I am a fast knitter, but nowhere near record fast. Last I heard, one of the fastest knitters in America was knit designer Lily Chin. She went onto the David Letterman show, and cast on for a sweater at the opening. By the end of the show — two, two and a half hours? — she had knitted an entire sweater for Dave, who is not a small man! Now that is fast. (How was it done? I didn’t see it, but I deduce big yarn, big needles, and a simple pattern that she knew well. And knitting like the wind, of course.)
Having started the Hwaet sock all over again, seven days of energetic knitting gets me down to the heel shaping. As you can see, it looks great. Adding six rows of 1×1 ribbing just below the scalloped edge makes it much less curly, and it fits me well enough that I have high hopes that Alma will be able to wear them. In this photo you can see clearly the markers I am using, a dark pink one for the beginning of the round at the back of the leg, and a light pink one exactly halfway around in front. Markers are one of the many underhanded tricks knitters use to keep their place in an elaborate pattern.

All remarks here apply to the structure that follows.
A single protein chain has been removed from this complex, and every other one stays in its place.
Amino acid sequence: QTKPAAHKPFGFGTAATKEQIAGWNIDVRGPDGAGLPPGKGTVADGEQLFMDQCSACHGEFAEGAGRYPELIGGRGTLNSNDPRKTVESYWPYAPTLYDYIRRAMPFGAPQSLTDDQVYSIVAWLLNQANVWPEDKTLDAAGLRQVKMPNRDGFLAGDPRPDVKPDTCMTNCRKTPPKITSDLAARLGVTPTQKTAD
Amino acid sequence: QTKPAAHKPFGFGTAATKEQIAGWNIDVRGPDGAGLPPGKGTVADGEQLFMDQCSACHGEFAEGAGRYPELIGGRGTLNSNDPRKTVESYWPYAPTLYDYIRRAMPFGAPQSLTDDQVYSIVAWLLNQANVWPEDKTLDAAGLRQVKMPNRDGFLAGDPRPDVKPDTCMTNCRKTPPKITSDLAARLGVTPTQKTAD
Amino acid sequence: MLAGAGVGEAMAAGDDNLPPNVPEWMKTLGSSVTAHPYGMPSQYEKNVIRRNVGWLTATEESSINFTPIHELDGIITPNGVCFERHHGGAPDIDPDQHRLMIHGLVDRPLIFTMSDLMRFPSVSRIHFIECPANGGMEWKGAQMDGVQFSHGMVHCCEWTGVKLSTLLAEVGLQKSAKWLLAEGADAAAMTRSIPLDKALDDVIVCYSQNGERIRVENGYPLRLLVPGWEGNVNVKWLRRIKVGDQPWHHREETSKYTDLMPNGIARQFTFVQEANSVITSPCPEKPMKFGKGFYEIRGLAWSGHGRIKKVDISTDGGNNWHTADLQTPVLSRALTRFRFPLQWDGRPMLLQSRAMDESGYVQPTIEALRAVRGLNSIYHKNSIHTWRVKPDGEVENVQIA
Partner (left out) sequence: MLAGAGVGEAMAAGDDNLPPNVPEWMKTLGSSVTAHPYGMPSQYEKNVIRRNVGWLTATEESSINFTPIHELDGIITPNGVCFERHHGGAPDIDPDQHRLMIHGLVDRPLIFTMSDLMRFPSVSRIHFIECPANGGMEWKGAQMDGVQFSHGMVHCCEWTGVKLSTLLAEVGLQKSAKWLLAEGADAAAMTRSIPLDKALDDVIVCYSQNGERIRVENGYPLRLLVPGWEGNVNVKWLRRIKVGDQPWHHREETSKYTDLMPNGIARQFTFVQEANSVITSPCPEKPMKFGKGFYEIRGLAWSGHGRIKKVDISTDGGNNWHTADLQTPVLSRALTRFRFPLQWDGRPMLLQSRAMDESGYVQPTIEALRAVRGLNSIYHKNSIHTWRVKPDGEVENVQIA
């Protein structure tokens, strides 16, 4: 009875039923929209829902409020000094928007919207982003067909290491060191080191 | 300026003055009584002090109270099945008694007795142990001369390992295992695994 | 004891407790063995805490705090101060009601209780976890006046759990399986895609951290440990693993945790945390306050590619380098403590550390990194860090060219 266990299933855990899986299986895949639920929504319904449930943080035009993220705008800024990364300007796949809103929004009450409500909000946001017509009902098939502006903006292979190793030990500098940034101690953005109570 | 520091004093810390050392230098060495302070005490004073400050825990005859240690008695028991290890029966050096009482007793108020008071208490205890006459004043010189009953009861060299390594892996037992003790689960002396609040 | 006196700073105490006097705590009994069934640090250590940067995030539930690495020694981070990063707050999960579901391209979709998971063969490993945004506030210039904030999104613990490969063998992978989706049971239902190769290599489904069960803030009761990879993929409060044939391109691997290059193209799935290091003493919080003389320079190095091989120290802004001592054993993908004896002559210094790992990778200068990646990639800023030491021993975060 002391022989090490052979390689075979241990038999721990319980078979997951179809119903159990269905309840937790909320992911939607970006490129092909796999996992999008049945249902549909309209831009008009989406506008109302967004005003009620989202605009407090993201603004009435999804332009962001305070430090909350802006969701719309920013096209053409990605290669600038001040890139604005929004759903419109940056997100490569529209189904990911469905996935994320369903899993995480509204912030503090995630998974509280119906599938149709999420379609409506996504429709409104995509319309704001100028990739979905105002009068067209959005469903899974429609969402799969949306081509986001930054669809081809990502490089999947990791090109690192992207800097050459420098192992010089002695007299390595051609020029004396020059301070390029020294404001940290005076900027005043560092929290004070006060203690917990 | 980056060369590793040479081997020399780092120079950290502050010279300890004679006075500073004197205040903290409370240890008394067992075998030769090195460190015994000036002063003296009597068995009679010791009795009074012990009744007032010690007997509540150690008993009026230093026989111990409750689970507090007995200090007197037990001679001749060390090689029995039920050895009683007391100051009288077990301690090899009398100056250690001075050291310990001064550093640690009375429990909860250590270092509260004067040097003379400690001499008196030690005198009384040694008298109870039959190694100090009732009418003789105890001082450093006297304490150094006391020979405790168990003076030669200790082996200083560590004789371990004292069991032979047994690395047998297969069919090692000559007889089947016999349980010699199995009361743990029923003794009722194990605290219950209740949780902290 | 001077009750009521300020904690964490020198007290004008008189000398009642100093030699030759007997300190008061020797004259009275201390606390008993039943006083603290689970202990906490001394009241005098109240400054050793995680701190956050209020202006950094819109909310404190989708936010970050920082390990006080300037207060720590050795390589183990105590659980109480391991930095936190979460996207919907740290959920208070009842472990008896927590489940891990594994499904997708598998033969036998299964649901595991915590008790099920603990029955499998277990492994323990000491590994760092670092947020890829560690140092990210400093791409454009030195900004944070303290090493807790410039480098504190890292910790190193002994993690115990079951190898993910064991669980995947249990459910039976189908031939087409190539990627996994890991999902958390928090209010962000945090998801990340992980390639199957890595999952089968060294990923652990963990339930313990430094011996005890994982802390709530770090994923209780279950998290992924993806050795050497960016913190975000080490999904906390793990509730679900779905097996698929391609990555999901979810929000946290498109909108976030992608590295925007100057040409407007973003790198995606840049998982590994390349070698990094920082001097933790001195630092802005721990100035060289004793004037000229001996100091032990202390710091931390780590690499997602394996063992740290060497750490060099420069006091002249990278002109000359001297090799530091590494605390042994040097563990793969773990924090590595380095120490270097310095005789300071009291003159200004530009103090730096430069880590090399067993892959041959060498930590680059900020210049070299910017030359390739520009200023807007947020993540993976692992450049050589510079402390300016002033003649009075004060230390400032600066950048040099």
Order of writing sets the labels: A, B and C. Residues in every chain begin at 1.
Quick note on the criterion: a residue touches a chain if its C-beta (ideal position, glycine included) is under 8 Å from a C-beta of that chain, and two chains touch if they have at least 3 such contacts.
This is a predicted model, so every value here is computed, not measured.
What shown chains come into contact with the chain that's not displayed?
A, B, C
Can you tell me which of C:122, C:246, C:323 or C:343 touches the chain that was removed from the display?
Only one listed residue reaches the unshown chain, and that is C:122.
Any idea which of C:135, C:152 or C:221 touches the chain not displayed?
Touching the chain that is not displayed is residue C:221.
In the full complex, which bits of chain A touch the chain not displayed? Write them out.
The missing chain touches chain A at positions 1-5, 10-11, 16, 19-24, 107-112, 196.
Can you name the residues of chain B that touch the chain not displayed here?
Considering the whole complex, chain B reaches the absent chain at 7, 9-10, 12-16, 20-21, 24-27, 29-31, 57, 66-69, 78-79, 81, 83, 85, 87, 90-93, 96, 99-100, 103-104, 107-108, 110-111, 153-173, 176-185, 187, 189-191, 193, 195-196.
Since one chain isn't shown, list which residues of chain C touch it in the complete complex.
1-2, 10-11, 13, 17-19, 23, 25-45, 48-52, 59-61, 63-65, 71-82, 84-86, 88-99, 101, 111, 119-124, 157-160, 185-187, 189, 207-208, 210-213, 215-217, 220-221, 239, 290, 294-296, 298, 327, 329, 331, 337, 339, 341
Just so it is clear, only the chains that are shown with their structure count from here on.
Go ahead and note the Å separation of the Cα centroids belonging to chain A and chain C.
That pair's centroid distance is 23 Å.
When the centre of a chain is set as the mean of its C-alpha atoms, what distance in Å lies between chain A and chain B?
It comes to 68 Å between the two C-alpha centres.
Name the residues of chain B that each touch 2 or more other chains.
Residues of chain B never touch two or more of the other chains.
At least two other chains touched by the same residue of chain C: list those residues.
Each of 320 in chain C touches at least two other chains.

At this point the sock is about long enough that I am ready to begin the heel shaping. The art of turning the heel of a sock is truly magical, and most of us rely closely upon the sock directions. Especially in such a complicated color pattern, I am not going to exert independence here. So I am following the pattern exactly, and after the heel increases and shaping I am here.
In this picture you can see the spool of sewing thread I am knitting along with the main color. The idea here is to make the heel area a little more enduring. These little practicalities are handed down like phoenix eggs, from one knitter to the next.
Next up: On beyond heel!
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